I saw him [last] Wednesday night at a party; we rode home together, and he told me that he was planning to go down to Cuba, to revisit the site of his famous interview with Hemingway. He was going to put on a reading of his play Zelda, Scott, and Ernest. He'd done it in Amsterdam, Moscow, and London; he'd done it at a PEN benefit; and now he and Norman were going to do it in Cuba. He thought Castro might come.
Norman Mailer, author:
George had a rare gift. Friends were almost always happy to see him because you knew he was bound to improve your mood. He was so open to life and all its new and unexpected situations. What fine manners he had! Few could give a toast or tell a story with equal humor.
Peter Matthiesen, author, co-founder of the Paris Review:
I was in Liberia, of all places, and George met me in Monrovia. We were going to go looking for strange birds. I have a memory of George emerging out of the bush, with a terrible sunburn on his nose and face and legs; he was in safari gear, none of it hanging together very well, and over it all he was wearing a nice blue blazer. He looked like a very eccentric old Englishman. George was not vain—he didn't care a whit about his image. During our time in Paris, he had a famous little car, a dark blue Peugeot—it was mine originally; I sold it to him—and it had to be seen to be believed. It was so tiny that if you saw him in it, you couldn't believe he'd be able to get himself out of it. Everything he did was like this, just a bit odd. He looked for ways in which he could make himself a ridiculous figure, and not only on the football field, but in all walks of life. That made him a great storyteller.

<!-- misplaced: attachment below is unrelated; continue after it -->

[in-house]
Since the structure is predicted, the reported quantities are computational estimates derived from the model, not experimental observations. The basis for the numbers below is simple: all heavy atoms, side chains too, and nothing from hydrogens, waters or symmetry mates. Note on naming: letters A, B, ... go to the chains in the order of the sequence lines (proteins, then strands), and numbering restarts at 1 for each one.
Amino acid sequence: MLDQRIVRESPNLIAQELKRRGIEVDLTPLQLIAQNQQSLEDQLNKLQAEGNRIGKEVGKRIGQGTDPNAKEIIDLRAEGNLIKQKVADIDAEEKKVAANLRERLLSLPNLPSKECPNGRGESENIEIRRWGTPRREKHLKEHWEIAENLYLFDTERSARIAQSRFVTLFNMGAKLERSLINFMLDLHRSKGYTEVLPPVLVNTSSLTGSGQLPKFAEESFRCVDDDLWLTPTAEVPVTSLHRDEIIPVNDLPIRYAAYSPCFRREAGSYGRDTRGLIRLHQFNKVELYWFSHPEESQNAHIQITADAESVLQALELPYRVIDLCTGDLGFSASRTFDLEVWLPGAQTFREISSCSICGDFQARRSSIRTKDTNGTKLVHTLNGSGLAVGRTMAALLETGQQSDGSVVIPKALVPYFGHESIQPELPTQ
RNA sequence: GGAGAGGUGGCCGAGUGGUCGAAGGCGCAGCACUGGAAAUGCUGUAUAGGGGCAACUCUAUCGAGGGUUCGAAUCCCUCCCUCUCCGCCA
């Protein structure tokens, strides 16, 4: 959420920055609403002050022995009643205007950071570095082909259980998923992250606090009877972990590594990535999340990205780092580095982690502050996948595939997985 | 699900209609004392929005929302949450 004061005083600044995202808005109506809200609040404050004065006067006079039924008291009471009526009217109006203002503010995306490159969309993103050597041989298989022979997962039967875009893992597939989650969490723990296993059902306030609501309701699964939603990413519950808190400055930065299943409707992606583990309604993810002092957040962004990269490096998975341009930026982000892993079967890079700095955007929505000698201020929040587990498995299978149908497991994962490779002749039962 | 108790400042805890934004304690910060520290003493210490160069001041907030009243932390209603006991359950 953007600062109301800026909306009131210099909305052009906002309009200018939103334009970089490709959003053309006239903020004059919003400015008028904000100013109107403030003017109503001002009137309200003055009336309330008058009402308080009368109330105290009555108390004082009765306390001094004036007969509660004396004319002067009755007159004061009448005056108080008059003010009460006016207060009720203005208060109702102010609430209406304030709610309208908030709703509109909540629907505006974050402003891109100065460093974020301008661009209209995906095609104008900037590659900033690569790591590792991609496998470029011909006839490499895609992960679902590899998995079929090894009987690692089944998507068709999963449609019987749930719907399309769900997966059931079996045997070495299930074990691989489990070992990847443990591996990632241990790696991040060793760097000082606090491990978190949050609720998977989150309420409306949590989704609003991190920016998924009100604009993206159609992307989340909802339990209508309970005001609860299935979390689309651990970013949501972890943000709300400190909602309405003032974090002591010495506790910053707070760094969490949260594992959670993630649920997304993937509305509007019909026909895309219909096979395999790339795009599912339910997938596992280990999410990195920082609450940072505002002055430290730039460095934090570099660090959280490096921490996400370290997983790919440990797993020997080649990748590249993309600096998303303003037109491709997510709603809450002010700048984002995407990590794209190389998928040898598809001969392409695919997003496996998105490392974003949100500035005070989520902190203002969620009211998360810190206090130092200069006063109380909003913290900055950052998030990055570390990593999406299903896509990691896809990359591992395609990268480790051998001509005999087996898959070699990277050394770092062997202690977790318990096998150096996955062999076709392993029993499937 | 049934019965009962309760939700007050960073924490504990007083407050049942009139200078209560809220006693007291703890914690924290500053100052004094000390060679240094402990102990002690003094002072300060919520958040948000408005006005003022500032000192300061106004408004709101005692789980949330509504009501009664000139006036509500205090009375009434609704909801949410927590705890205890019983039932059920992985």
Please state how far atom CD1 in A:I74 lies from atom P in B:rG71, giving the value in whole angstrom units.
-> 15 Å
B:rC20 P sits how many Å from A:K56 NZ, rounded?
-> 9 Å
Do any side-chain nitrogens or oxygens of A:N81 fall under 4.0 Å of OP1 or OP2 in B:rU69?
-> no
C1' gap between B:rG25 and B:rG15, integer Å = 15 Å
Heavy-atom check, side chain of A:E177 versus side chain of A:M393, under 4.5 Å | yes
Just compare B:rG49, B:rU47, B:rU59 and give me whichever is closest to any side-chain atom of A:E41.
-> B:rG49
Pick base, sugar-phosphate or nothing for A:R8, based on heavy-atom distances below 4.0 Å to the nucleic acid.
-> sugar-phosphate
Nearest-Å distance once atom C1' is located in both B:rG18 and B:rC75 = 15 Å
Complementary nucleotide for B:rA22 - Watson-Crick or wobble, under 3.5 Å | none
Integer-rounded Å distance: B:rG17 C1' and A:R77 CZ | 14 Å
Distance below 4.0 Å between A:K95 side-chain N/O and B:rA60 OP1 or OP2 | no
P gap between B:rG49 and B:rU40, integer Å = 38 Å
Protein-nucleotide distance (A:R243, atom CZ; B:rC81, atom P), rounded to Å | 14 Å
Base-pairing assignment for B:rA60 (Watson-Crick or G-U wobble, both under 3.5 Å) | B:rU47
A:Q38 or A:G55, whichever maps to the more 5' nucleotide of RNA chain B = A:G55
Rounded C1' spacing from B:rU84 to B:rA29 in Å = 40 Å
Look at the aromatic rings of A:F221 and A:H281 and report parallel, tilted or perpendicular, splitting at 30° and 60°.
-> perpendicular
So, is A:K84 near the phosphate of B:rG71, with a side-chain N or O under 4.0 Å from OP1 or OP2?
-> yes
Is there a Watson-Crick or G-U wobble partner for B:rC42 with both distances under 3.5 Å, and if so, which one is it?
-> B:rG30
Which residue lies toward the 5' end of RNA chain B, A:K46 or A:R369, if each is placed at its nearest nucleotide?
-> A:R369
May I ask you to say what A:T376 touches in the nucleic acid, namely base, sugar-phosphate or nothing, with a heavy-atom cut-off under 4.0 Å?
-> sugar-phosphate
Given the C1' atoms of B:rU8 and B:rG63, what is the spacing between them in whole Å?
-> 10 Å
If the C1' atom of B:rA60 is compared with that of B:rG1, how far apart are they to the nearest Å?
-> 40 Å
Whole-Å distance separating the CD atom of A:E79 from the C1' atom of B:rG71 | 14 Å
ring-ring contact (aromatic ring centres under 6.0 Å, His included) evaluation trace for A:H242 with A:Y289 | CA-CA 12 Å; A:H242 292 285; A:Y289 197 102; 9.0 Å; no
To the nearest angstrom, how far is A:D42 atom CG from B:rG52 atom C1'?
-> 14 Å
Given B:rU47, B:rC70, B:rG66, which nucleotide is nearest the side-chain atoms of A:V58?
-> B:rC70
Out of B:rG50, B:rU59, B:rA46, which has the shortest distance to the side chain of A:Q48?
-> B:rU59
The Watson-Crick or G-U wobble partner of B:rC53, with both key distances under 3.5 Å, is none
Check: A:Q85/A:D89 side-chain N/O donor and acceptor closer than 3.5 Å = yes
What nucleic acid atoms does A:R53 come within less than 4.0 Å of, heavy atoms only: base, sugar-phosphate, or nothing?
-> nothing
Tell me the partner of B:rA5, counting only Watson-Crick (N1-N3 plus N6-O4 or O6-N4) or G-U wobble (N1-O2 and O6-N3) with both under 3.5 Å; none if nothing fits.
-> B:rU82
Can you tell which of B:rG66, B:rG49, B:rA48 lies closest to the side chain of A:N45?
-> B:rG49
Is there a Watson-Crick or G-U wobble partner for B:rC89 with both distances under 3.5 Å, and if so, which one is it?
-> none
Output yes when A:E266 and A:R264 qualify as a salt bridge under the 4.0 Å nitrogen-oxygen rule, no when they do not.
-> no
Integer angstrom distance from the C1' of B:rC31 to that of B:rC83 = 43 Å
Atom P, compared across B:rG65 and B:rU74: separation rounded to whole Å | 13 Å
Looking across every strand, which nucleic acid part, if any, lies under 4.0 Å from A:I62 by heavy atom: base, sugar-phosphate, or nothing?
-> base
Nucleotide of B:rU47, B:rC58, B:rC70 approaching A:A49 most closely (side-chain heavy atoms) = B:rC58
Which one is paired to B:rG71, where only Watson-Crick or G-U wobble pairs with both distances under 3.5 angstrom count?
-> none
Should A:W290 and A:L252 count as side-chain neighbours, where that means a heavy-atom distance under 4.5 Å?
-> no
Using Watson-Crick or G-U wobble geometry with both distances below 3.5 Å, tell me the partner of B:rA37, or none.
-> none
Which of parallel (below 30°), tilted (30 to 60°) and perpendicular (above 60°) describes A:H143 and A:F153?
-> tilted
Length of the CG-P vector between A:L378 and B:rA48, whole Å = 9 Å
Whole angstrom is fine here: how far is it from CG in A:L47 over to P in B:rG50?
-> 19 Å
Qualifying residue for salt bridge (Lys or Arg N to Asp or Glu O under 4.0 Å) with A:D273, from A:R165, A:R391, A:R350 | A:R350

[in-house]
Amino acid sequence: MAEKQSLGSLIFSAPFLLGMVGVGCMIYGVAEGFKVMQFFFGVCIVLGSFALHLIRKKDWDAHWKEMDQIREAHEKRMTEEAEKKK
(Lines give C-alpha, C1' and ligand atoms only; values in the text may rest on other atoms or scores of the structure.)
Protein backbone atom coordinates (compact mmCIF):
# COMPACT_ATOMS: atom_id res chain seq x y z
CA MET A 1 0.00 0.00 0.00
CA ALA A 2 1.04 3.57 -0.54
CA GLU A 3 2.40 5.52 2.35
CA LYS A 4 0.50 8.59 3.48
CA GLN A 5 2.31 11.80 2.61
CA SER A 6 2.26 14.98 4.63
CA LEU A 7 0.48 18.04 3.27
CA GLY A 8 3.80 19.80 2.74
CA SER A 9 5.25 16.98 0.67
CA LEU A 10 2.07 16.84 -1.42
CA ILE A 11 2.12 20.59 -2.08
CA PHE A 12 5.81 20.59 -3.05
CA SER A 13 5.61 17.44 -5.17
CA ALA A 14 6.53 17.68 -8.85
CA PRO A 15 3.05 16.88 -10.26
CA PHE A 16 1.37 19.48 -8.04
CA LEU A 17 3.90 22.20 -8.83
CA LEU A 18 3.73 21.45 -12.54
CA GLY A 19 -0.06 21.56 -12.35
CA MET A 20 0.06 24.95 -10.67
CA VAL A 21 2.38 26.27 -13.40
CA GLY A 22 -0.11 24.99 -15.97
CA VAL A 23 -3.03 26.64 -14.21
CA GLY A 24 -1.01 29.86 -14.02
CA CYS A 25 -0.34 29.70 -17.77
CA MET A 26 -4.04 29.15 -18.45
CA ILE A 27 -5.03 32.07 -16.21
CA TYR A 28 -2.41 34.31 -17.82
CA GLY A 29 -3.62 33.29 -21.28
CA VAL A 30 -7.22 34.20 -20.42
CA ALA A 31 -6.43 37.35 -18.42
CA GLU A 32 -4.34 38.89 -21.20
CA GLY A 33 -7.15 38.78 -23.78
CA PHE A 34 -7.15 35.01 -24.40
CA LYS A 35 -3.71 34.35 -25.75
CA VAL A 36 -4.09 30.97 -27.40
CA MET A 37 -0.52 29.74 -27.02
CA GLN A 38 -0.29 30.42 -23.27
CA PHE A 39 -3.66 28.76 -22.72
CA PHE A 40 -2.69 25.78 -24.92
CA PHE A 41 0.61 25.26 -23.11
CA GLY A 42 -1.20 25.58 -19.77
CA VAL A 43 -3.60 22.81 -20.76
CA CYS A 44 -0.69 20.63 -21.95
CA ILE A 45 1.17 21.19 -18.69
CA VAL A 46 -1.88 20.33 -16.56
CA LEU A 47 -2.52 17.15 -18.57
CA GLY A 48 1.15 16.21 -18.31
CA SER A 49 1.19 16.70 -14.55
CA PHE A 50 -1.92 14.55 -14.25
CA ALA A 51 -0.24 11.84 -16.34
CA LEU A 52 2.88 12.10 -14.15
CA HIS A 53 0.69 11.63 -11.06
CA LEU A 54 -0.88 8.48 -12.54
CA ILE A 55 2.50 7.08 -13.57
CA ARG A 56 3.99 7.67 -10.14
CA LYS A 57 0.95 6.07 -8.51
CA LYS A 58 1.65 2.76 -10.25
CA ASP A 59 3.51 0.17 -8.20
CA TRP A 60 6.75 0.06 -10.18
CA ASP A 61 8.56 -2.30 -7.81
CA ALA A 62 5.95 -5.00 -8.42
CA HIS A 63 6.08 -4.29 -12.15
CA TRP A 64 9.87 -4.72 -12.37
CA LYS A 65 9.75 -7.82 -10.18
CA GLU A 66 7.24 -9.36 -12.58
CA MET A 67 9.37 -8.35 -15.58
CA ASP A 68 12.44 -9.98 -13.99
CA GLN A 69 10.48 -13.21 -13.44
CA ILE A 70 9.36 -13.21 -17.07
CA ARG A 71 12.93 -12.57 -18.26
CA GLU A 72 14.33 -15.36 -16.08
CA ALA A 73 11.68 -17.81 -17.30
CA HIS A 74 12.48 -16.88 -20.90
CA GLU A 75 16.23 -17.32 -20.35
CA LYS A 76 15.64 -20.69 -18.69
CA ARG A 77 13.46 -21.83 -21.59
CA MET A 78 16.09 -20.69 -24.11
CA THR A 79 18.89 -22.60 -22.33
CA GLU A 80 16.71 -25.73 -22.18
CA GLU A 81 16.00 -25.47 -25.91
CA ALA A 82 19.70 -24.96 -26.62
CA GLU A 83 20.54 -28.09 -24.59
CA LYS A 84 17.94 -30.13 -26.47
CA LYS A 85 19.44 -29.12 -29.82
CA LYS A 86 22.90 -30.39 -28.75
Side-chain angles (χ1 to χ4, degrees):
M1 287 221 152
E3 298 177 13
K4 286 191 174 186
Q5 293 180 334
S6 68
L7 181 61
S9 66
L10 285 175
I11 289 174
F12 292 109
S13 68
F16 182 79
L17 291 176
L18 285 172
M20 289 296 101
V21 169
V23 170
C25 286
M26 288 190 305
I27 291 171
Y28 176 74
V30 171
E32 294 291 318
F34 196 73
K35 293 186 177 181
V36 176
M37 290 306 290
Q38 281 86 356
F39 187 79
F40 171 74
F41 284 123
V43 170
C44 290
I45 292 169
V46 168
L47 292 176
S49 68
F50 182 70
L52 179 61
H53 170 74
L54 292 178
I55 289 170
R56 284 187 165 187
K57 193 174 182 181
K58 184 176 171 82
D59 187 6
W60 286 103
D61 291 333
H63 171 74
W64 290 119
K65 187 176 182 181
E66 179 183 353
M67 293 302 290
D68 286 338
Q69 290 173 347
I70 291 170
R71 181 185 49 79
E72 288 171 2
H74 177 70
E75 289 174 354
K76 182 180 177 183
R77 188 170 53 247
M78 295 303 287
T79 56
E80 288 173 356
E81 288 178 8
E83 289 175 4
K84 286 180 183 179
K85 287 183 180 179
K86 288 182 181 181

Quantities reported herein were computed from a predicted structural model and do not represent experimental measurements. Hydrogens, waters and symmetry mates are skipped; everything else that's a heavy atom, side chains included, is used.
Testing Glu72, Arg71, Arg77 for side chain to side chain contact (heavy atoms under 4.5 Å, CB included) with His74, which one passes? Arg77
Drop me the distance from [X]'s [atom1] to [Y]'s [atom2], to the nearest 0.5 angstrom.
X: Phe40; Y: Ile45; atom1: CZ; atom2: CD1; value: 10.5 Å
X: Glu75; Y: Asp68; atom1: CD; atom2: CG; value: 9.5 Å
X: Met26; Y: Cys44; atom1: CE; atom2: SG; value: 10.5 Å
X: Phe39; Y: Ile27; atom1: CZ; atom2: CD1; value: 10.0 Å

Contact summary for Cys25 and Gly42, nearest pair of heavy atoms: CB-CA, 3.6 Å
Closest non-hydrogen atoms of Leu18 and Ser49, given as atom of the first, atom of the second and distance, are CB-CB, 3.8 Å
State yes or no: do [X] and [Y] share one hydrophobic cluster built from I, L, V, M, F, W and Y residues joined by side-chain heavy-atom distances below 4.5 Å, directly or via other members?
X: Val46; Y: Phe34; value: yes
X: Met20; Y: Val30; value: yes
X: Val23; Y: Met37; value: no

Rose Styron, wife of William Styron and former Paris Review editor:
My husband Bill was with George when he started the Paris Review. Bill and I met in Rome, several months after the Paris Review was started—we were, as they say, courting—and he drove me to Paris so George and Peter [Mathiessen] could look me over. And I, of course, was looking them over, too. I thought they were terrific. Peter even came with us on our honeymoon in Ravello, though George didn't. Bill, who was from the South, kept saying to me, "Can you believe George's not English? I've known him for six months and I just now learned he's not English!"
Tom Nowatzke, fullback, Detroit Lions (In the 1960s, Plimpton briefly played with the Detroit Lions asresearch for the best-selling book Paper Lion, which was later made into a film):
I was the No. 1 draft choice of the Lions in 1965. George was the one who read my name out to the commissioner. The guys here in Detroit treated him like one of us. He was very understanding of what we did and how we did it. He knew we were just as good as he was, but in a different field. He would have a beer with you. George was a little more in-depth than a lot of us, of course, with his education and all. But he came right down to our level. I think he came down [to the shooting of Paper Lion in] Florida once. He wanted to play his own part, but they wouldn't let him.
Timothy Seldes, George Plimpton's literary agent:
Whenever George wanted me to do something for him, he would call me up and say, "Hello, Old Tim." One day, I got a call, and heard his voice, and my heart sank. I just knew it was going to be something terrible.